Sworn in as a Supreme Court judge on March 8, 2013, he came to be listed as one of the Top 10 judges in India by Law Consult. As his tenure comes to an end, here is a look at five of Justice Kurian Joseph’s landmark judgements.
Justice Kurian Joseph, one of the seniormost judges of the Supreme Court of India, whose affable and compassionate nature earned him great popularity, retired on 29 November 2018.
Sworn in as a Supreme Court judge on March 8, 2013, he came to be listed as one of the Top 10 judges in India by Law Consult. Having authored a total of approximately 1034 judgements, there is little surprise that Justice Joseph was counted amongst the most respected judges in the SC.
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As his tenure comes to an end, here is a look at five of Justice Kurian Joseph’s landmark judgements.
1. In August 2017, a bench comprising of five judges including Justice Kurian Joseph “set aside” the practice of triple talaq and held it invalid. A part of the majority vote supporting this abolishment, Justice Joseph said, “Triple talaq is against the tenets of the Holy Quran and hence violates Shariat… It is extremely difficult to agree with the CJI that triple talaq is integral to the practice of Islam. What is bad in Quran cannot be part of Shariah.”
2. The National Judicial Appointments Commission (NJAC) was proposed as a body responsible for appointing judges and issuing their transfer to the higher judiciary.
However, in 2016, a bench consisting Justices Kurian Joseph, J Chelameswar, Madan B Lokur, and AK Goel struck it down saying that the judiciary cannot risk getting caught in a “web of indebtedness.”
Justice Joseph was in support of the majority but also accepted that the collegium system also needs to be improved.
“There is no healthy system in practice. No doubt, the fault is not wholly of the Collegium. The active silence of the Executive in not preventing such unworthy appointments was actually one of the major problems,” he stated, adding that “Therefore, the Collegium system needs to be improved requiring a ‘glasnost’ and a ‘perestroika,’ and hence the case needs to be heard further in this regard.”
3. Earlier this year, a bench comprising of five judges, including Justice Joseph ruled that the Nagraj case (relating to the reservation for scheduled castes & scheduled tribes in promotions) need not be referred to a larger bench for review.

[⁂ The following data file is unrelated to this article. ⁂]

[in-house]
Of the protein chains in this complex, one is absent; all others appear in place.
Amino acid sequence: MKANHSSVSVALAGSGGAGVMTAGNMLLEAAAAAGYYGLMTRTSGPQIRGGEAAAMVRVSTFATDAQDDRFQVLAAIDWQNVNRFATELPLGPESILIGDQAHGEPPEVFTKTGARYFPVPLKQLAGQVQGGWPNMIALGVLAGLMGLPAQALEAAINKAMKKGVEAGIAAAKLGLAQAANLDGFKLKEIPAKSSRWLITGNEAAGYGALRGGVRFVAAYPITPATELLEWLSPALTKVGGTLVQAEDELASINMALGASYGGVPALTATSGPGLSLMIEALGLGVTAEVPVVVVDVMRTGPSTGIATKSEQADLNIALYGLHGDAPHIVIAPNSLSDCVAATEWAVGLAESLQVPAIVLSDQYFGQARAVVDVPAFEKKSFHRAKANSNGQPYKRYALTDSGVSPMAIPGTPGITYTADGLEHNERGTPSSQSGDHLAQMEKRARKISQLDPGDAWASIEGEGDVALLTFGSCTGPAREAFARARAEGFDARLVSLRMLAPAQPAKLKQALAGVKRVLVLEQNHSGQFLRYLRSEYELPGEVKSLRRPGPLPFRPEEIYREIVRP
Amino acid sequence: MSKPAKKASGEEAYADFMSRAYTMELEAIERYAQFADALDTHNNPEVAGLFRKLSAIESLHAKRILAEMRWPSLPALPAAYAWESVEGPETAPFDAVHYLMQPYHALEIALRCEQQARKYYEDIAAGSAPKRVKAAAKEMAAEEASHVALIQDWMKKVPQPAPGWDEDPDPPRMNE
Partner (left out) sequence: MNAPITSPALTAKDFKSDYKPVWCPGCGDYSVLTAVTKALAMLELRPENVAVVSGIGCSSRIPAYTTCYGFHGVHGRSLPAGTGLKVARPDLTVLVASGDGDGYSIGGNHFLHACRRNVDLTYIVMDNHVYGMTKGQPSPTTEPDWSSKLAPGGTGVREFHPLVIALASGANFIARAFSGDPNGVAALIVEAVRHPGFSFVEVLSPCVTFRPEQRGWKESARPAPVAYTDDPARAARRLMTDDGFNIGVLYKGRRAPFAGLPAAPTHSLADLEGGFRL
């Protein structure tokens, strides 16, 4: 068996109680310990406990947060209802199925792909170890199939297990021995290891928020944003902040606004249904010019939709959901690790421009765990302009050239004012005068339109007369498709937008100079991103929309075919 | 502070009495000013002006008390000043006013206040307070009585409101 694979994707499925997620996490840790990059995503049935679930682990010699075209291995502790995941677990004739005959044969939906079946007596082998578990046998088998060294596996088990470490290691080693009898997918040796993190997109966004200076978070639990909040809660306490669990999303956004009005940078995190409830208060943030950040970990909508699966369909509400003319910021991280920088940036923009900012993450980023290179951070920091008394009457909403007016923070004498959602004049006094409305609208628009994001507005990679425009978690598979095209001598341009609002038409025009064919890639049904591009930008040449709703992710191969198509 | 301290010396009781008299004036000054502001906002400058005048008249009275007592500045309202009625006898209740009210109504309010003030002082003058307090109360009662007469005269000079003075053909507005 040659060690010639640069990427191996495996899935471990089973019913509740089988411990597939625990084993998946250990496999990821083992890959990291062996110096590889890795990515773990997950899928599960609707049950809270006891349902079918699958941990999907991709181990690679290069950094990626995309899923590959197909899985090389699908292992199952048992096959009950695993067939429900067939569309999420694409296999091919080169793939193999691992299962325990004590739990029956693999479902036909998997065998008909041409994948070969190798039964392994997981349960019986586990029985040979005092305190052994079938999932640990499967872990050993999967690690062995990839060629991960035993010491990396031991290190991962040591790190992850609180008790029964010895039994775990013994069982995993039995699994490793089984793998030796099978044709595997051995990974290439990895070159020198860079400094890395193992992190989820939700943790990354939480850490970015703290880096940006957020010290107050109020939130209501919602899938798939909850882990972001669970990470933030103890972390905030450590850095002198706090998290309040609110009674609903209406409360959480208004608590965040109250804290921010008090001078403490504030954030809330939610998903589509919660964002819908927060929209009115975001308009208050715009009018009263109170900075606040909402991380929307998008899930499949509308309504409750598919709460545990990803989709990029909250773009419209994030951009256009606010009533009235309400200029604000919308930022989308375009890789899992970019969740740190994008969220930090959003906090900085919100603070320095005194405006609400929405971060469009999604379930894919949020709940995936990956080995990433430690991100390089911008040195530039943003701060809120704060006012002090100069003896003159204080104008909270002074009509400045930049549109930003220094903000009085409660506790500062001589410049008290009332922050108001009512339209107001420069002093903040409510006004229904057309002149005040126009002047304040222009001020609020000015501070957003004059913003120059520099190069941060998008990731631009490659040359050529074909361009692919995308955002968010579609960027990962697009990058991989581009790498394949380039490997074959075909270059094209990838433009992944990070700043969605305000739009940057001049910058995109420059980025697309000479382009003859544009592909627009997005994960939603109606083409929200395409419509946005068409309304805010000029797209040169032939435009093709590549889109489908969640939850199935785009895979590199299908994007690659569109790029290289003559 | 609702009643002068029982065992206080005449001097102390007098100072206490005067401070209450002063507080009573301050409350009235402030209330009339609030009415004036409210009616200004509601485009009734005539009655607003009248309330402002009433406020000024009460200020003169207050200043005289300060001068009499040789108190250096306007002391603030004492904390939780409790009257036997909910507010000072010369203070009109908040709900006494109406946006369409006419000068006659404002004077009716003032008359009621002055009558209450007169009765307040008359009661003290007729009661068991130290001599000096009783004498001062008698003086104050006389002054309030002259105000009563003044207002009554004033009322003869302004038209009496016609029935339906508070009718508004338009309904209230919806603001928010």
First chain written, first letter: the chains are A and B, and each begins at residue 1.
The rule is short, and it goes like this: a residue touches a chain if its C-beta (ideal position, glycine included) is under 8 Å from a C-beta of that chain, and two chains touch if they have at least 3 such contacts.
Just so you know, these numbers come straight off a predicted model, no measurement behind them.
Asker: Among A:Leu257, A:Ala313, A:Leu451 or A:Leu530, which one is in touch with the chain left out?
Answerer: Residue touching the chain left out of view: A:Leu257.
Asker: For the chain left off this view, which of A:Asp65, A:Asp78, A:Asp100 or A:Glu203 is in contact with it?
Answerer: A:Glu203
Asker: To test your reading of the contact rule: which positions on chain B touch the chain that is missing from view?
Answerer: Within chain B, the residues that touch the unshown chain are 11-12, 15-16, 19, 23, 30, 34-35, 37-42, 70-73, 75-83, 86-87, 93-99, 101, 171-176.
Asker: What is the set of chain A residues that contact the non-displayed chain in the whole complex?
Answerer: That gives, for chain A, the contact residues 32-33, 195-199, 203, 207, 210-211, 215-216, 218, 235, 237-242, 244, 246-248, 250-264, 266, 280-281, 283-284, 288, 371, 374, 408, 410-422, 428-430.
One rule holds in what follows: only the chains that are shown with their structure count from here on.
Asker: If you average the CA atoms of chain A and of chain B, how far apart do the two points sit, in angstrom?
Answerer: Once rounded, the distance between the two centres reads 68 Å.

The 2006 judgement in the ‘M Nagraj & others Vs Union of India & Others’ case ruled that when it comes to promotions, it is not mandatory for the state to make reservations for SC/ST castes.
It had also added that it needs to gather quantifiable data proving the backwardness of the class as well as an inadequacy of representation of that class in public employment.
Reviewing this judgement, justice Nariman (from the bench) said, “The whole object of reservation is to see that backward classes of citizens move forward so that they may march hand in hand with other citizens of India on an equal basis. This will not be possible if only the creamy layer within that class bag all the coveted jobs in the public sector and perpetuate themselves, leaving the rest of the class as backward as they always were. This being the case, it is clear that when a Court applies the creamy layer principle to Scheduled Castes and Scheduled Tribes, it does not in any manner tinker with the Presidential List under Articles 341 or 342 of the Constitution of India.”
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4. Right before his retirement, the justice also made a landmark statement about death penalties. He observed that it was time to review the death penalty as a punishment and pay special focus to its practice and purpose.
“It is a matter of anguishing concern as to how public discourse on crimes have an impact on the trial, conviction and sentence in a case.
The court’s duty to be constitutionally correct even when its view is counter-majoritarian is also a factor…” he wrote, adding that ” Without the assistance of a psychological/psychiatric assessment and evaluation it would not be proper to hold that there is no possibility or probability of reform.”
His stand on capital punishment has been heavily debated, but one cannot deny that future judges who will hold esteemed positions in the supreme court will use his statements and observations as an example to review the death penalty.
5. Last year, a Supreme Court bench made a historic change in its proceedings by making all collegium decisions transparent and available online. “Decision on uploading of Collegium’s resolutions with reasons, on each candidate for elevation as Judge of High Court, Chief Justice of High Court or as a Judge of Supreme Court or transfer on the Supreme Court’s Official Website for ensuring transparency of Collegium System,” the resolution stated.
You can read the details of this judgement here.
(Edited by Gayatri Mishra)
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